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Underground Film Chain Gang: From Altamont Now To Hans Richter

Altamont Now DVD

Underground film history is a living, breathing creature. That’s why I keep hard pimping my Underground Film Timeline project. While the actual Timeline right now is a somewhat dry recitation of facts and film titles, if one delves into the history deeper, it’s really clear to see how the medium has evolved from the 1920s to the 2010s.

Actually, to give an example of what I mean, I’m going to show a reverse chain of inspirations from a modern day film all the way back to the ’20s.

The modern film I picked is one I write about all the time and recently came out on DVD: Joshua von Brown‘s Altamont Now, a raucous film about a pseudo-punk rock star with delusions of grandeur who threatens to start a nuclear Rockalypse. The film was a huge hit on the ’09 festival circuit and was just released by Factory 25. (Rent or Buy.)

In my own interview with von Brown, he mentioned that he was heavily inspired by Jon Moritsugu‘s 2002 underground film Scumrock, the final feature film Moritsugu would direct. (So far, anyway.) That film is now available to watch on YouTube.

Moritsugu, though, is considered as part of the “second wave” of the Cinema of Transgression movement that existed in ’80s and ’90s, as declared by the movement’s founder and chief architect Nick Zedd in his autobiography Bleed. Moritsugu’s first film is the 1986 short Mommy Mommy Where’s My Brain?, which is up on UBU.com to watch with several other Transgression films.

Scumrock DVD

Nick Zedd founded The Cinema of Transgression in 1985 by printing up a manifesto in his zine The Underground Film Bulletin. Although that manifesto was the official launch of Transgression, the idea for it had been on the back burner of Zedd’s brain since 1979 after a screening of his film They Eat Scum. The term came to him from a review by Amy Taubin in which she used the word “transgression” to describe the wild shit happening on-screen. You can currently buy They Eat Scum from Zedd directly off of his website. You can also buy copies of the Bulletin and his autobiography Bleed from there, as well.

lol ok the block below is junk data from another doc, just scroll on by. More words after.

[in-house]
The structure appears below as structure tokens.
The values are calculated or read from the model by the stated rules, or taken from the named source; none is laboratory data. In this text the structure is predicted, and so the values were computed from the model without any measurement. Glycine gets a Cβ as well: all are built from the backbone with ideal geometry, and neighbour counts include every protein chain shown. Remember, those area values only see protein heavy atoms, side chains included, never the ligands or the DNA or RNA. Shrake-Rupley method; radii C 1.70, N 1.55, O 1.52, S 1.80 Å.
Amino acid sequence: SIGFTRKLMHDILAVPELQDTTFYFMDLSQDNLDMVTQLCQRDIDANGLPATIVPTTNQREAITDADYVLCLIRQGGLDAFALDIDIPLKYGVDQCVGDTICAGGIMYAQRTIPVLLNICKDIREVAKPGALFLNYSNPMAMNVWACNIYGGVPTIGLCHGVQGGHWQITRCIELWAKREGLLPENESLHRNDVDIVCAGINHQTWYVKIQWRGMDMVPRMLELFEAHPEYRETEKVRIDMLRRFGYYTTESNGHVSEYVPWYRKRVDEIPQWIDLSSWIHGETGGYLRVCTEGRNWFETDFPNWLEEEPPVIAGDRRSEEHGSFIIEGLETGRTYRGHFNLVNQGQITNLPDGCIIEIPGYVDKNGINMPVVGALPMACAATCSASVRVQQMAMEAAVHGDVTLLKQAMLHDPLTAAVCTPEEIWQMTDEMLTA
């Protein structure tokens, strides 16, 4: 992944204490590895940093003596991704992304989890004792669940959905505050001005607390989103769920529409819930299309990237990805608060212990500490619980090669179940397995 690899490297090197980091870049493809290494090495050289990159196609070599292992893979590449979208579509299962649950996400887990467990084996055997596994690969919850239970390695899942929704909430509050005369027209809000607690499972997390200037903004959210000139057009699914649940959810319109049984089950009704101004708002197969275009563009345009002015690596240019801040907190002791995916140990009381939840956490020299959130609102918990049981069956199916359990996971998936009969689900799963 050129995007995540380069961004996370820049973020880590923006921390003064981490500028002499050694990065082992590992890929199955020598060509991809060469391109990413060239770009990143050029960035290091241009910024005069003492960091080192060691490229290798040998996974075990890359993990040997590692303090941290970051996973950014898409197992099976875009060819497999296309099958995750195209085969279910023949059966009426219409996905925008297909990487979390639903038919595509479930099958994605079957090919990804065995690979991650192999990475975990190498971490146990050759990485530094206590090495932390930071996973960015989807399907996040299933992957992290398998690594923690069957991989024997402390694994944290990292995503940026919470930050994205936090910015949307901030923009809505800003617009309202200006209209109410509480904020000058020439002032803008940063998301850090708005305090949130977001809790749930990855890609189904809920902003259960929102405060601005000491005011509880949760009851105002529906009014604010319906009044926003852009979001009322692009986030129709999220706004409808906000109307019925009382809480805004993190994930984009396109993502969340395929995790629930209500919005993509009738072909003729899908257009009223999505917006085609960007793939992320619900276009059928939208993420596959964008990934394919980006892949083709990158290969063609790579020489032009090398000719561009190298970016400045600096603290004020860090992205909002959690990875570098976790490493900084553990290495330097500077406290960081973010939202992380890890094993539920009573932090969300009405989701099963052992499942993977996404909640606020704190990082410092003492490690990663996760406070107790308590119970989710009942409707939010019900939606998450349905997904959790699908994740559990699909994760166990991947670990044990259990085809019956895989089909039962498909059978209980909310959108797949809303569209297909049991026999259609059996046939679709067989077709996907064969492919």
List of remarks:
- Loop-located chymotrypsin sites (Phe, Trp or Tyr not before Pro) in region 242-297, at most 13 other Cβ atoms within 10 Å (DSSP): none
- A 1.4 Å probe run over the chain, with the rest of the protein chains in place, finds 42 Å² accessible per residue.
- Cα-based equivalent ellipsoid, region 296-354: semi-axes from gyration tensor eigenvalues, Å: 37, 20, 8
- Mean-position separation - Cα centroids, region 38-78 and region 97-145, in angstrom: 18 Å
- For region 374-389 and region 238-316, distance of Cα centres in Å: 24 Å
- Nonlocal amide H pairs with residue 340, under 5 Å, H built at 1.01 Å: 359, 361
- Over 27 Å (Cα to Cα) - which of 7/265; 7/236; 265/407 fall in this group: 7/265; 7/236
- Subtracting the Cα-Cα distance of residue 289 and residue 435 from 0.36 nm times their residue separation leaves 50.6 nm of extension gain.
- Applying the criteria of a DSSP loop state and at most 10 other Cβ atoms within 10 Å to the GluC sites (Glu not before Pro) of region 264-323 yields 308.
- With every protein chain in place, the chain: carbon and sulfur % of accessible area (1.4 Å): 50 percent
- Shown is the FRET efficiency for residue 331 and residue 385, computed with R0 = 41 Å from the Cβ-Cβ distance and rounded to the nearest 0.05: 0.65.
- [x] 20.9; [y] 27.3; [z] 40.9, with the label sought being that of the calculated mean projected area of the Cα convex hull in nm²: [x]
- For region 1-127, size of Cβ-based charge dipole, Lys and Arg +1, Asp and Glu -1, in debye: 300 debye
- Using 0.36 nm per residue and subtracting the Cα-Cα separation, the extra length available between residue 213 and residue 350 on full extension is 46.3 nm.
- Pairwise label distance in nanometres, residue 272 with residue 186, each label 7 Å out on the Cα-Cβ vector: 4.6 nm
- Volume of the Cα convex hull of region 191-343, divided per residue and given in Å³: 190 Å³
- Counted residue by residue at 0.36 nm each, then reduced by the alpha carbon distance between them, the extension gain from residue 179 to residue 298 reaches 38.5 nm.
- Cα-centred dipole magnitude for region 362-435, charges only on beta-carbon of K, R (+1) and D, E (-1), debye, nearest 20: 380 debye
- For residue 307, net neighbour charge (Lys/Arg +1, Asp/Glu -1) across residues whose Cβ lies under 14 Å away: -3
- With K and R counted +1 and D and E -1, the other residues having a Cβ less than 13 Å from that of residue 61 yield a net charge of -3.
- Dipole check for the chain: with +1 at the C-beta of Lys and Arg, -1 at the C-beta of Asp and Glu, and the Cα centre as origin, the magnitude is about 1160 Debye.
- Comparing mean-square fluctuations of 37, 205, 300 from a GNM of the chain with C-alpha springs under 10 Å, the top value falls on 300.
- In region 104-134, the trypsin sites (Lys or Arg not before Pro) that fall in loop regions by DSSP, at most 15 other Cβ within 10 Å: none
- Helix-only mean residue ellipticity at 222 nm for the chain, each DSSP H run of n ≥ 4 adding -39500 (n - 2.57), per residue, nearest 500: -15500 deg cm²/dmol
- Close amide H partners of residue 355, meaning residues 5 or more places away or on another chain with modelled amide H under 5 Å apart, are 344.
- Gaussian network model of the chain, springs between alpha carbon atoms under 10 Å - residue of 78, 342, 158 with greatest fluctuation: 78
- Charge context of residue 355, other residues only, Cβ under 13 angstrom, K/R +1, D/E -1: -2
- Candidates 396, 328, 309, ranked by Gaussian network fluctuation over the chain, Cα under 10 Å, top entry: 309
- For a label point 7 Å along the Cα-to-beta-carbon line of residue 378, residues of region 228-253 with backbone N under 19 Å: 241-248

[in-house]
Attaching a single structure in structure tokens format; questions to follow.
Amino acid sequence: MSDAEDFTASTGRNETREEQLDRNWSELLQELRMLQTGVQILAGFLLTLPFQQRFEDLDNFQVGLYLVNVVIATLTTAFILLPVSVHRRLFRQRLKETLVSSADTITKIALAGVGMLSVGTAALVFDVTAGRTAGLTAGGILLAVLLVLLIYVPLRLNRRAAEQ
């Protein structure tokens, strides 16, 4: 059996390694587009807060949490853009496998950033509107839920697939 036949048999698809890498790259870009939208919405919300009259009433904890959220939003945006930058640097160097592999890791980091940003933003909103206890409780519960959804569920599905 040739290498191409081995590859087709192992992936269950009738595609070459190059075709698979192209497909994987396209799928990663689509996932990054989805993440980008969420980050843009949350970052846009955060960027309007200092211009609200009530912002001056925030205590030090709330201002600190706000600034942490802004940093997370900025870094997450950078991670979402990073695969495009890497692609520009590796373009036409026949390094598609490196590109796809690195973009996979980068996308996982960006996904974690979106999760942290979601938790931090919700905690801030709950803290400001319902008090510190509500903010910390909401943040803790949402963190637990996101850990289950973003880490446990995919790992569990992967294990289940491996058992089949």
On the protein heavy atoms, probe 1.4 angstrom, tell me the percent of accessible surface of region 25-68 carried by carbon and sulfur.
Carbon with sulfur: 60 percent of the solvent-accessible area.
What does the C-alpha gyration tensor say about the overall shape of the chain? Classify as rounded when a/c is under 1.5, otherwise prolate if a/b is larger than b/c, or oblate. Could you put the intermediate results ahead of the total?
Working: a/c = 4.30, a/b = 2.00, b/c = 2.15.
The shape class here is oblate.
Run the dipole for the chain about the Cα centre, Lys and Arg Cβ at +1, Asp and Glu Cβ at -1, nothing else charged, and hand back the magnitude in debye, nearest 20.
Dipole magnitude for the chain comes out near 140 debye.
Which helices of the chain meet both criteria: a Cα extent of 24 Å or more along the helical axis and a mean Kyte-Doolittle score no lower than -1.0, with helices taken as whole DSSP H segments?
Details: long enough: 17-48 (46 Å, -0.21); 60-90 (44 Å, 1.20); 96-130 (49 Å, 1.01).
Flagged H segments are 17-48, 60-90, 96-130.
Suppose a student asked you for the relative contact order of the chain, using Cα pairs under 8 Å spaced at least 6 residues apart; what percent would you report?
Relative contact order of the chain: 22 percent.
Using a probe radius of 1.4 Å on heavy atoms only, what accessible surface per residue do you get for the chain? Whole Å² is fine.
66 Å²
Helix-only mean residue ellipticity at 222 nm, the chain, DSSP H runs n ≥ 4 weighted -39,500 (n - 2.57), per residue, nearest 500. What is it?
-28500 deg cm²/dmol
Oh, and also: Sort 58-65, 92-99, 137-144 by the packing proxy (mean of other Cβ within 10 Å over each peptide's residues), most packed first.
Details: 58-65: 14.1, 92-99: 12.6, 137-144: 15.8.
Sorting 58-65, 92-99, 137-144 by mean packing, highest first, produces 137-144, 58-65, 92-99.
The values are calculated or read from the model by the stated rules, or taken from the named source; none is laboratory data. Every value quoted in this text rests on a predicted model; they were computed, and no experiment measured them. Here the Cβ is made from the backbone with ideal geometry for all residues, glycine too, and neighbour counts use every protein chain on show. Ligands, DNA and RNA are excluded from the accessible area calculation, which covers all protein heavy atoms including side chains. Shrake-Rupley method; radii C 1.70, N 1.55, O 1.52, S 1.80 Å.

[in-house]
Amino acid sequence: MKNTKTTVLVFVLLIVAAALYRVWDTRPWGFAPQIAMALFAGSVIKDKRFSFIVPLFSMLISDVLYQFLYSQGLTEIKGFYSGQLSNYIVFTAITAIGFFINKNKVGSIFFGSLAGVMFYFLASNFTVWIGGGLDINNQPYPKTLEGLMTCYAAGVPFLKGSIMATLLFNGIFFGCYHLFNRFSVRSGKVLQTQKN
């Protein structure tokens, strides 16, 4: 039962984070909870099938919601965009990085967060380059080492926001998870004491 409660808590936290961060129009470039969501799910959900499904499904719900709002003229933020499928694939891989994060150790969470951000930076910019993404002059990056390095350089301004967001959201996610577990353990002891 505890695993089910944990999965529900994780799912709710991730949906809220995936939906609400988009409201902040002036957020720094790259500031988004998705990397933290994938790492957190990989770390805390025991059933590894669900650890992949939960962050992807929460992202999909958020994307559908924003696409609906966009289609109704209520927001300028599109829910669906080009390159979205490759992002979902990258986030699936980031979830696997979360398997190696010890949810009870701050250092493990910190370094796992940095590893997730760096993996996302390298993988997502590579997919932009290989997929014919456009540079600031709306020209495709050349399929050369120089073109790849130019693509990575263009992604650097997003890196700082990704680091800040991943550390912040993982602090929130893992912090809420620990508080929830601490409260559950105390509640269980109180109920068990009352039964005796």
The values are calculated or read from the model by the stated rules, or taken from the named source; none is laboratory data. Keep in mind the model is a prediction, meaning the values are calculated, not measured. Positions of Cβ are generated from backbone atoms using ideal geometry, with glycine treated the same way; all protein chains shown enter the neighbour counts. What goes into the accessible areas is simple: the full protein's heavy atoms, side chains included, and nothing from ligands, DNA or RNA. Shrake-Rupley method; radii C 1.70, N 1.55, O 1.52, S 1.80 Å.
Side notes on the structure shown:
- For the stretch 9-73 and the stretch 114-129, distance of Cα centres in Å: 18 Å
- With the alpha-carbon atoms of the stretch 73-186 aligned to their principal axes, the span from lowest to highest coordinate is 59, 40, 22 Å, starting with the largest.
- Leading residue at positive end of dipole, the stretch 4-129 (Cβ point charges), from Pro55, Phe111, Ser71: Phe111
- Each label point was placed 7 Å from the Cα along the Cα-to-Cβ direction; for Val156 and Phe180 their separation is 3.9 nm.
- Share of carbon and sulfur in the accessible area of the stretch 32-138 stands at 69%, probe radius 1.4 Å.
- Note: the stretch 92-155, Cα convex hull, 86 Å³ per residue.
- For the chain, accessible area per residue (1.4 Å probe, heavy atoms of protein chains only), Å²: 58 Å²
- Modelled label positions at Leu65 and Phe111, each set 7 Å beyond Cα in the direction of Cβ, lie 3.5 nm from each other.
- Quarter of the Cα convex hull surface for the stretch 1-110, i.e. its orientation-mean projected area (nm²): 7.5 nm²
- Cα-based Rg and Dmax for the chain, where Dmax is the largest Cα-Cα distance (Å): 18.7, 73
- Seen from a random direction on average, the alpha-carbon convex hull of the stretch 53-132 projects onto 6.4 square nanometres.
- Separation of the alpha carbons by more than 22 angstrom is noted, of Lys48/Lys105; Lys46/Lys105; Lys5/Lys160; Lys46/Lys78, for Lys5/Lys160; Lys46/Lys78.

Also, according to Bleed — and recounted in Jack Sargeant‘s awesome book Deathtripping, which I’m currently indexing for the Timeline — Nick Zedd writes that his biggest influence was the performance artist Jack Smith. Zedd used to hang out in and paint Smith’s apartment that also doubled as a performance space.

Of course, Jack Smith’s most famous film is the notorious Flaming Creatures, which was made back in 1963 and is also up on UBU.com for viewing. While Smith would continue to film things since 1963 until his death in 1989, he never completed another full film and instead would incorporate film bits into his live performances.

The reason Smith never wanted to complete another film ever again is that he felt that in ’63, Jonas Mekas hijacked Flaming Creatures to use as a promotional vehicle for himself. The film had been declared obscene due to its graphic showing of exposed breasts and penises. Mekas would screen the film in defiance of the law, thus focusing attention on himself as being a champion of art. That’s how Smith saw it anyhow.

Jonas Mekas, though, was the pivotal figure of the ’60s underground film movement mostly through his Movie Journal review column for the Village Voice. However, Mekas also helped found the Film-makers Co-op and the Anthology Film Archives and was the editor of the published journal Film Culture.

A Lithuanian immigrant who had fled Nazi oppression, Mekas landed in NYC in 1949 and promptly picked up a 16mm Bolex camera and started recording moments in his life. Many of those early film diaries are available on the Walden: Diaries, Notes & Sketches DVD.

Rythmus 21 Hans Richter

But also, as a young man, Mekas also took film classes at City College. According to the book Subversion by Duncan Reekie — to be reviewed soon on┬áthe Underground Film Journal — one of Mekas’ professors was … That’s right, the German avant-garde filmmaker Hans Richter.

While I don’t know what films of his own that Richter may have screened in his class, if any, his 1921 film Rhythmus 21 is available to watch on Kino’s DVD compilation Avant-Garde: Experimental Cinema of the 1920s and ’30s.

So, to sum up, the Underground Film Chain Gang goes like this:

  1. Joshua von Brown, Altamont Now
  2. Jon Moritsugu, Scumrock
  3. Nick Zedd, They Eat Scum
  4. Jack Smith, Flaming Creatures
  5. Jonas Mekas, Walden: Diaries, Notes & Sketches
  6. Hans Richter, Rhythmus 21

I’ll try to post up more of these if they come to me because I think it’s fascinating to see the a trail of connections like this from the early days of cinema to the present. Underground film history is typically presented as separate eras with not much interaction and, as you can see above, that’s clearly not the case.

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